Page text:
Et la confiance dans tout ça ?

CAMBRIDGE – L'anniversaire de l'effondrement de la vénérable banque d'investissement Lehman Brothers aura lieu dans un mois. Cette banqueroute marque le début d’une récession mondiale et d’une crise financière, d’une ampleur encore inconnue depuis la Grande Dépression de 1930. Mais avons-nous, au bout d’un an, des milliers de milliards de dollars d’argent  dépensé et bien des débats intérieurs chez les responsables de l’élaboration des politiques du monde entier, retenu la leçon? Je crains que non.

Le consensus qui prévaut parmi les responsables politiques est que si le gouvernement avait sauvé Lehman, l’histoire n’aurait été qu’un hoquet et non une crise cardiaque. Des investisseurs célèbres, tout comme d'importants décideurs politiques, sont d’avis que dans notre économie mondiale supra-connectée, un institut financier de la taille de Lehman n’avait pas le droit à l’échec. En dépit de la mauvaise qualité de sa gestion – au fond Lehman est devenue une société d’immobilier à la merci totale d’une bulle de l’immobilier constante aux Etats-Unis – les créditeurs d’une grande institution financière devraient toujours être remboursés. Sinon, la confiance dans le système s’en trouve sapée et le chaos éclate.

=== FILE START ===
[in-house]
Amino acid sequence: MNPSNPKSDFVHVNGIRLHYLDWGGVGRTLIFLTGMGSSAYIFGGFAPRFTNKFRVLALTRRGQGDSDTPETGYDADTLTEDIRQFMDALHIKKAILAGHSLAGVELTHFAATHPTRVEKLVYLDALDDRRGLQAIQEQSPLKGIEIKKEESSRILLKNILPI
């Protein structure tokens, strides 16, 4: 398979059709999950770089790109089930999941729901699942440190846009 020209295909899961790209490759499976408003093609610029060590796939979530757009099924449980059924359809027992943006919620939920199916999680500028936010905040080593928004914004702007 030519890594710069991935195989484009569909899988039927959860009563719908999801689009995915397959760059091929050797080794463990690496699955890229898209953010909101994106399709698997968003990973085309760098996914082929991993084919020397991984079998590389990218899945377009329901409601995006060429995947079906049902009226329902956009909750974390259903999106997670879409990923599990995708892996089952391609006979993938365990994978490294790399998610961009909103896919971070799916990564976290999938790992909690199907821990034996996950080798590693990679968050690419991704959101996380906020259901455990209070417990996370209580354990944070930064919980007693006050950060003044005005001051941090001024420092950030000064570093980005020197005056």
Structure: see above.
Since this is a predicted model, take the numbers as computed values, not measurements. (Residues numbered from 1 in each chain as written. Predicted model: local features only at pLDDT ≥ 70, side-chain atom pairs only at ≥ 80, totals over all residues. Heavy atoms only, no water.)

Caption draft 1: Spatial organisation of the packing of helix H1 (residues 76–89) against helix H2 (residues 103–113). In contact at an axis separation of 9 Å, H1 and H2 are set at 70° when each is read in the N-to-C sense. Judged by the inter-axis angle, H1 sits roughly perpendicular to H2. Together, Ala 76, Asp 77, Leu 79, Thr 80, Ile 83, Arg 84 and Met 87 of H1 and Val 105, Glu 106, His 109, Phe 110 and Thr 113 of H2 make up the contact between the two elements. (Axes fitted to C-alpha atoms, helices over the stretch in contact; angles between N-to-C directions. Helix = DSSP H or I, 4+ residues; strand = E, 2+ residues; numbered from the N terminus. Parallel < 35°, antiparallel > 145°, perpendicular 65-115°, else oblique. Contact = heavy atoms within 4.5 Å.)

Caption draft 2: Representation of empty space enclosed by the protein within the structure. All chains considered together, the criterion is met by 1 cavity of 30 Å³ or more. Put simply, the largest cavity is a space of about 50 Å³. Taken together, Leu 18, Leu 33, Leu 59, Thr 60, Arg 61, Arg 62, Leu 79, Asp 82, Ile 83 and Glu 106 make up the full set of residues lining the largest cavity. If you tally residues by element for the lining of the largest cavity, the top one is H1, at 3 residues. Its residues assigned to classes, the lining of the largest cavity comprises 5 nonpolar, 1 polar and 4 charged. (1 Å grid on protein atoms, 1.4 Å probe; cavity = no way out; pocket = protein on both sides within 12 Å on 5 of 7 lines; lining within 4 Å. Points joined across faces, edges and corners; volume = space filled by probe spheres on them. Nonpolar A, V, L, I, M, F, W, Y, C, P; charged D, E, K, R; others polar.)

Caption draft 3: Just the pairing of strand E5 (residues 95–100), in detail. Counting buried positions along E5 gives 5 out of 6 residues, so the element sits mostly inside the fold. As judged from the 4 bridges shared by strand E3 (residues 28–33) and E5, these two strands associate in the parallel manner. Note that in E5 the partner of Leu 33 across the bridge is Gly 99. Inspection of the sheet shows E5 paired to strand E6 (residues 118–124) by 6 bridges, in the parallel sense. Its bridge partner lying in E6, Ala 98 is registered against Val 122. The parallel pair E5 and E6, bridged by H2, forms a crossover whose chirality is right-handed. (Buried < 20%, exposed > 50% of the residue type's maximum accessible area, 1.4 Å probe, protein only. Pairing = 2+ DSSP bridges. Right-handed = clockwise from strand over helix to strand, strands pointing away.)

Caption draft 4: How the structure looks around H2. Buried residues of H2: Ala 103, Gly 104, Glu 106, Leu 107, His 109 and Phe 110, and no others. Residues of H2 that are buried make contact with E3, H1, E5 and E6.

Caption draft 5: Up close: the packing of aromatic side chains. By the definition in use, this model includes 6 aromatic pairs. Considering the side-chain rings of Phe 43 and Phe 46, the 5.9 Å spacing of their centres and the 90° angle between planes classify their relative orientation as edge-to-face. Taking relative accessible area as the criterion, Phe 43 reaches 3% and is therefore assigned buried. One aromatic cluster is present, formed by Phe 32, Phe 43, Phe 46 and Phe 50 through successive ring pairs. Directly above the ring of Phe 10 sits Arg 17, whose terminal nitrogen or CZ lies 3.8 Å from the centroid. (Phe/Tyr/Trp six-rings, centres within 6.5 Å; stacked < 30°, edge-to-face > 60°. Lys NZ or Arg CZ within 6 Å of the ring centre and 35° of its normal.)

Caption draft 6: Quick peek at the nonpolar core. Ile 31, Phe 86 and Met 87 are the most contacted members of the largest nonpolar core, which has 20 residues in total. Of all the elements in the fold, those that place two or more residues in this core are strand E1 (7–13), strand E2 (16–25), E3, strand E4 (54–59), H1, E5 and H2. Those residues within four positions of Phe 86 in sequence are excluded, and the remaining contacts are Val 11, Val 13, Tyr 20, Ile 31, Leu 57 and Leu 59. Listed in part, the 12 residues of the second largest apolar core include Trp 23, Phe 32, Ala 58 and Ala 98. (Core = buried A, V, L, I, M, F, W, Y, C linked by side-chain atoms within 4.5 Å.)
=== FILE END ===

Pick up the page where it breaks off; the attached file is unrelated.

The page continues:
Comprenant qu’il fallait éviter une restructuration financière à tout prix, les gouvernements sur tout le globe ont jeté un énorme filet de sécurité aux banques (et à des pays entiers en Europe orientale), tissé en dollars versés par les contribuables.

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